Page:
CBS/Washington Post: U.S. Congress complicit in advancing the U.S. opioid epidemic

Colorado House Rep. Scott Tipton. The bill that hobbled DEA’s pursuit of out-of-control opioid pharmaceutical distribution passed the House on a voice vote, so no record of individual votes was made.

A blockbuster CBS News/60 Minutes and Washington Post investigation reveals that after the U.S. Drug Enforcement Agency (DEA) cracked down on big pharmaceutical distributors who were knowingly pumping millions of addictive opioid drugs into the black market in cities and towns across the country, the U.S. Congress passed a law to block DEA from freezing such highly suspicious drug shipments to keep them from getting to the streets.

CBS interviewed former DEA deputy assistant administrator Joe Rannazzisi, who, with his team of DEA investigators in 2013 were starting to crack down on what they called a major “choke point” of the opioid epidemic — pharmaceutical drug distributors that were sending large numbers of highly suspicious shipments of drugs to pharmacies across the country. In one example, the DEA found a pharmacy in Kermit, West Virginia, a town of just 392 people, that had ordered nine million hydrocodone pills over two years. In another example, the DEA found that between 2007 and 2012, an Ohio-based drug distributor named Miami-Luke had shipped 20 million doses of oxycodone and hydrocodone to pharmacies in West Virginia. About 11 million of those pills ended up in a single county, Mingo, with a population 25,000. West Virginia now has the highest rate of opioid overdose deaths in the country. The DEA had the ability to freeze such shipments when they were spotted, and started doing so to keep opioids from flooding the streets of the countr.

Under the law, pharmaceutical drug distributors have a duty to report such highly suspicious orders, but did not. After seeing what was going on, the DEA accused the country’s biggest drug distributors — Cardinal Health, McKesson, and AmerisourceBergen — of turning a blind eye as millions of their highly addictive prescription pain pills were getting pumped into the black market, particularly in Appalachia. Together these three major distributors control about 85-90 percent of the country’s addictive opioid drugs. The DEA fined the companies tens of millions of dollars for failing to report such highly suspicious shipments to the DEA.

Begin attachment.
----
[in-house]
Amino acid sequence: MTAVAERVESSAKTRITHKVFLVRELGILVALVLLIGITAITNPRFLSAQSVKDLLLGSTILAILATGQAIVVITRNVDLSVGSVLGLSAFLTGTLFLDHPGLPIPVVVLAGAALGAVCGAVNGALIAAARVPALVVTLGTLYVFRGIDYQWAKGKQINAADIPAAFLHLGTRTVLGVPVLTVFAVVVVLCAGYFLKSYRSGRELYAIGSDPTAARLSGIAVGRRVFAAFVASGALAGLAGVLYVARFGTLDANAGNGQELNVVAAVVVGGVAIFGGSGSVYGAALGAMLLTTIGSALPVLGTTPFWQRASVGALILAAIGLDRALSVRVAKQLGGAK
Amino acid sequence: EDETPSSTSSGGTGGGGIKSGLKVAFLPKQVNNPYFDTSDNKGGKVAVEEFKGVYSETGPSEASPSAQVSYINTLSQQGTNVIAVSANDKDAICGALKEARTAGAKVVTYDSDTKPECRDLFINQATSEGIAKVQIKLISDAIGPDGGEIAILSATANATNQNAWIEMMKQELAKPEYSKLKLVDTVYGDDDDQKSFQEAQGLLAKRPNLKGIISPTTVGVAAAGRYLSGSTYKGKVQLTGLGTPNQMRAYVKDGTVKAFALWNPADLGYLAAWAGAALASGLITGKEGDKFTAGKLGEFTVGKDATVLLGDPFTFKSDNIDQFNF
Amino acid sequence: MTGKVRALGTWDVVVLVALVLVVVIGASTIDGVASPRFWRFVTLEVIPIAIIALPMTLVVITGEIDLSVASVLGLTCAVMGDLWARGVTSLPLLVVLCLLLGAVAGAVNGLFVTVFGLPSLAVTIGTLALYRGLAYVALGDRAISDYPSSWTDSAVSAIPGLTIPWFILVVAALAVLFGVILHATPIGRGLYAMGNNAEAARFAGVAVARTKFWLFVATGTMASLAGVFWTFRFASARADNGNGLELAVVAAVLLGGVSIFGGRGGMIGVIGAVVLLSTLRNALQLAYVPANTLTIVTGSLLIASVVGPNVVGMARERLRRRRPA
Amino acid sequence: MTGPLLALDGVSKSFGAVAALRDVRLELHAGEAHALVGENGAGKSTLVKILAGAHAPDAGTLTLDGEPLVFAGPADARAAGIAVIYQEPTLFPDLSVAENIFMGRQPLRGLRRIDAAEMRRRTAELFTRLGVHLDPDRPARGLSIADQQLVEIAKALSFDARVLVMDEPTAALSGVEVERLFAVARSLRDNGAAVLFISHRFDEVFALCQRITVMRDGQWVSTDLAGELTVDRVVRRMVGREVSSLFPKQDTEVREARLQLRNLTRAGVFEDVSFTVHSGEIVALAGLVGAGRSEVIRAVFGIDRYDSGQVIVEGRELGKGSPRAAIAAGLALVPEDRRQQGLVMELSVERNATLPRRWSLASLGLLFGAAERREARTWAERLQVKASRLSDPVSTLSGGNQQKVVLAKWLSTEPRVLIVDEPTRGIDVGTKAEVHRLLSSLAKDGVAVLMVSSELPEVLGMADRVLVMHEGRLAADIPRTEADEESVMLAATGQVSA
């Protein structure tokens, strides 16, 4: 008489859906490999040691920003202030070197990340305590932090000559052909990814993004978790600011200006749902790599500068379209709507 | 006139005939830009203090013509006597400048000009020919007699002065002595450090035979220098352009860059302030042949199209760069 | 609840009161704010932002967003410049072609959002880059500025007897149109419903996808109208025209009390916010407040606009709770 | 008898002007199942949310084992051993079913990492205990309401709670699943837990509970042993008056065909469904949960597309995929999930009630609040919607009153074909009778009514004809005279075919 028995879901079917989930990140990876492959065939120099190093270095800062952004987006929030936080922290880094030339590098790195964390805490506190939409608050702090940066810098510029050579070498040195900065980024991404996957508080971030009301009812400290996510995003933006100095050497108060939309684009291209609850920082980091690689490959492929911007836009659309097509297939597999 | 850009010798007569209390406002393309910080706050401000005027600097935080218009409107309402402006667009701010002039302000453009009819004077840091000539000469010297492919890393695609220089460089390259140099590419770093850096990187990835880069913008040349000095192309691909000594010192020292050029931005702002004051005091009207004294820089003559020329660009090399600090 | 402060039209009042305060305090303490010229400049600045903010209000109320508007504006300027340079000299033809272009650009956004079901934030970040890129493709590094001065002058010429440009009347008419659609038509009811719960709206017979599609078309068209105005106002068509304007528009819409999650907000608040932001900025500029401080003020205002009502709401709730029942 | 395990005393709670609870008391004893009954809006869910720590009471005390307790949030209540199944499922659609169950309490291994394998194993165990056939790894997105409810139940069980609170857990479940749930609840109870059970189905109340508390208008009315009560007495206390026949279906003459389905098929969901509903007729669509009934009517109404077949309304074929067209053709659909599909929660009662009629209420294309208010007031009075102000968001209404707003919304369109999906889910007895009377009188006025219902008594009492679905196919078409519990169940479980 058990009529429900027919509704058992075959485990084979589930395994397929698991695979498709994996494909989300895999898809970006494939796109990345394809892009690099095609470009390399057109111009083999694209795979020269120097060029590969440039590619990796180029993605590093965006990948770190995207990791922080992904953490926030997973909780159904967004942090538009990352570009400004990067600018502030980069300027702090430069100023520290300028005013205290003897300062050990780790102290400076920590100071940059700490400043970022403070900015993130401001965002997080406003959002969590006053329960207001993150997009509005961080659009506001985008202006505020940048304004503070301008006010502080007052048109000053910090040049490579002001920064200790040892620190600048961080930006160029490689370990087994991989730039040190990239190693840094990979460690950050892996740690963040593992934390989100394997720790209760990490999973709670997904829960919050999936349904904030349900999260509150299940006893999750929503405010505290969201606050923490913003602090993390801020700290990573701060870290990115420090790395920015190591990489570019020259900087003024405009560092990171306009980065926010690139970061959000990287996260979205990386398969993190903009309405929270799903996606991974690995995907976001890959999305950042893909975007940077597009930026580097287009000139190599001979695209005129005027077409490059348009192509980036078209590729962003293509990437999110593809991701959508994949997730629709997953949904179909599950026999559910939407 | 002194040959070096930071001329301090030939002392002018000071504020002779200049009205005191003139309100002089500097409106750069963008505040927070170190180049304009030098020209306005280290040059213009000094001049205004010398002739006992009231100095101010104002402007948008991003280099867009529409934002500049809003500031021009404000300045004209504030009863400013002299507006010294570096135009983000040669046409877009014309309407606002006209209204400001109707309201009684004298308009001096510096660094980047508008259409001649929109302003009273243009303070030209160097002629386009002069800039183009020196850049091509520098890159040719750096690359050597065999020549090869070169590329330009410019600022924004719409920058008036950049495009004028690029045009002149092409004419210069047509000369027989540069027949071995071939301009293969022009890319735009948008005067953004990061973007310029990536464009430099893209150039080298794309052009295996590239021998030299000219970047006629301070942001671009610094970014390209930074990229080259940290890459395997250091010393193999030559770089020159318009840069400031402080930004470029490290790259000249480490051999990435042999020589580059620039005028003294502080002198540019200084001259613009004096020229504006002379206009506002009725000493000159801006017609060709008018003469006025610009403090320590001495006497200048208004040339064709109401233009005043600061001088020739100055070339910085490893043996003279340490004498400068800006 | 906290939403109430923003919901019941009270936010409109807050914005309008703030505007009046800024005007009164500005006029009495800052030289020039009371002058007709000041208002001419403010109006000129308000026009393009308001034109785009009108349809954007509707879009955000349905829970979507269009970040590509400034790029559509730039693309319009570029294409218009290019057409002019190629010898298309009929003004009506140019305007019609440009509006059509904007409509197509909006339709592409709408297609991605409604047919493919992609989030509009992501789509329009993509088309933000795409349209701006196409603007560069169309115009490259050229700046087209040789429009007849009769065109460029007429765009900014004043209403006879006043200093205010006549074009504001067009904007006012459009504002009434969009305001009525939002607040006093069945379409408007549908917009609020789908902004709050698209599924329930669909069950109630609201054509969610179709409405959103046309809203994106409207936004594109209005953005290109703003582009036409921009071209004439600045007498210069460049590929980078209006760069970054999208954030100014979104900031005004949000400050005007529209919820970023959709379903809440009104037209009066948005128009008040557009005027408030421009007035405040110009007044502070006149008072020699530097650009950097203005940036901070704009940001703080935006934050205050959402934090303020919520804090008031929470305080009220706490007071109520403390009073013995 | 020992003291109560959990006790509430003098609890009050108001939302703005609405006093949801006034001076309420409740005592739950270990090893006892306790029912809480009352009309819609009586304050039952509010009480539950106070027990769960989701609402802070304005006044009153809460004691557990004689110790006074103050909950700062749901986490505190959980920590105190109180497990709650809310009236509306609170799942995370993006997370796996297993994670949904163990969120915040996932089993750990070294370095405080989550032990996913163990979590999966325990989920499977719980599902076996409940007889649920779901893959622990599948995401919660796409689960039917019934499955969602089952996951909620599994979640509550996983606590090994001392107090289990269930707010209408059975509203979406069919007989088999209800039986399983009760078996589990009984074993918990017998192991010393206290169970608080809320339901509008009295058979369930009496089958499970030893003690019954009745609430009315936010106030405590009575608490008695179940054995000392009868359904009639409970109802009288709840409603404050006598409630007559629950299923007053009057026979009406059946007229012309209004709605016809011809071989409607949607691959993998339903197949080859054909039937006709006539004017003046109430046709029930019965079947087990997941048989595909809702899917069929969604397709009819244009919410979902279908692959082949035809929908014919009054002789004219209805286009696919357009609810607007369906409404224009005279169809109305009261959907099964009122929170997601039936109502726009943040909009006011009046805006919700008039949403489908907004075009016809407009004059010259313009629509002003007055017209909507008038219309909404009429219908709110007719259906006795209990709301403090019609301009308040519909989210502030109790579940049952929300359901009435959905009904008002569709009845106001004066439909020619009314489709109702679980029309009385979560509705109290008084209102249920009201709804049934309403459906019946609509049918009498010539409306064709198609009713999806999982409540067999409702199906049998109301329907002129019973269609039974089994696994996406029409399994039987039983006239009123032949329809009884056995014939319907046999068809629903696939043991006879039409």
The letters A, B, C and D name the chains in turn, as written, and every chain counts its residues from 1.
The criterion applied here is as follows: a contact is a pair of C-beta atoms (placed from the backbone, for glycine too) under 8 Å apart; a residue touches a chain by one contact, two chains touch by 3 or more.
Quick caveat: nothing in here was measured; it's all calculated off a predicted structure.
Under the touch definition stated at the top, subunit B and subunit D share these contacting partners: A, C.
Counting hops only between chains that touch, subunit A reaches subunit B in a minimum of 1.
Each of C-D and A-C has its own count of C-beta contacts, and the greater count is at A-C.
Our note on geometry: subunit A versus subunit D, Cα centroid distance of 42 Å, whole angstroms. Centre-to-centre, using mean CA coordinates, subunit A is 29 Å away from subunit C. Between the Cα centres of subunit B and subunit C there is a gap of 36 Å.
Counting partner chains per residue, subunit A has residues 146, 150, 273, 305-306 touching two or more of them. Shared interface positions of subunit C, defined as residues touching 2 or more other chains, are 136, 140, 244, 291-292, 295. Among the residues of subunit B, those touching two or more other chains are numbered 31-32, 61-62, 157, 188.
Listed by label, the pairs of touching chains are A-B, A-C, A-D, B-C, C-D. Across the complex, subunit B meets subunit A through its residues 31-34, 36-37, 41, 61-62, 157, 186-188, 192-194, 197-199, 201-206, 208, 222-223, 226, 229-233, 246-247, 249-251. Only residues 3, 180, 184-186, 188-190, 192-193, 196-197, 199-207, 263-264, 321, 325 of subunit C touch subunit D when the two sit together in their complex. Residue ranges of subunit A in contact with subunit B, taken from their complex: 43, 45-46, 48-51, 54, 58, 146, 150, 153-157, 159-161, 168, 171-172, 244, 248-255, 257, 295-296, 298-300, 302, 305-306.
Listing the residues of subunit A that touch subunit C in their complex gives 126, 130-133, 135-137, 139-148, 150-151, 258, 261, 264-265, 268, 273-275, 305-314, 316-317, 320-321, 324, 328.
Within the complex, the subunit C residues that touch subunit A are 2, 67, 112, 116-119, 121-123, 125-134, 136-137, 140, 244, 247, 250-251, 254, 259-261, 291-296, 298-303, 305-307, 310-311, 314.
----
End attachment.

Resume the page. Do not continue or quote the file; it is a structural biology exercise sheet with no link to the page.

Trump nominates opioid industry advocate as U.S. Drug Czar

But soon after the DEA started cracking down on these big shady drug distributors, drug industry lobbyists went to work to hamstring the DEA’s enforcement ability. They got a law passed that stripped the DEA of its most effective tool to fight the spread of dangerous narcotics: freezing the suspicious shipments of narcotics. This tool allowed the agency to stop millions of dangerous addictive pharmaceuticals from getting to the streets across the nation. The description of the 2016 law said it was “a bill to improve enforcement of efforts related to prescription drug diversion and abuse,” but it actually put so many additional burdens on the DEA prior to the agency blocking suspicious drug shipments that it in effect made it impossible for the agency to block such shipments.

The bill was introduced by four-term Republican House Rep. Tom Marino (R-PA), who incredibly is now President Trump’s nominee to become the nation’s next drug czar. The bill was co-sponsored by Republican Representative Marsha Blackburn of Tennessee, who is now running for Senator of Tennessee, which is one of the states hardest-hit in the opioid epidemic. Blackburn is running to replace Sen. Bob Corker, who has said he will not run for another term.

Washington Post’s story on the triumph of the pharmaceutical companies over the DEA is here. CBS’ 60 Minutes segment on the story is here.

These stories are a must-read before you vote any more Republicans into office.

  3 comments for “CBS/Washington Post: U.S. Congress complicit in advancing the U.S. opioid epidemic

  1. We are a failed state…all work and regulations done to benefit corporations. We have no governement we only have corporations. If you think the government is the problem, check again, there is none.
    All bought and paid for by corporations, Congress working hard for their donors.

  2. Nothing excuses bad government.

    Keep in mind we would still be in the midst of an opioid crisis if the DEA had been allowed to act unfettered. It’s simple economics, the DEA chokes off one supply and another pops up. This time it is the drug cartels who were ready willing and able to fill the demand but with a much more deadly and totally unregulated product.

    Rather than sending in the DEA cowboys guns a blazing, a caring and civilized society would send teams of treatment specialists to monitor clinics suspected of opioid misuse, audit the patients and devise treatment plans designed to wean them from their addiction. Then enforcement action could be taken against the supply chain.

    We are a society which has lost the ability to govern itself let alone treat social ills with anything short of imprisonment.

Leave a Reply

Your email address will not be published. Required fields are marked *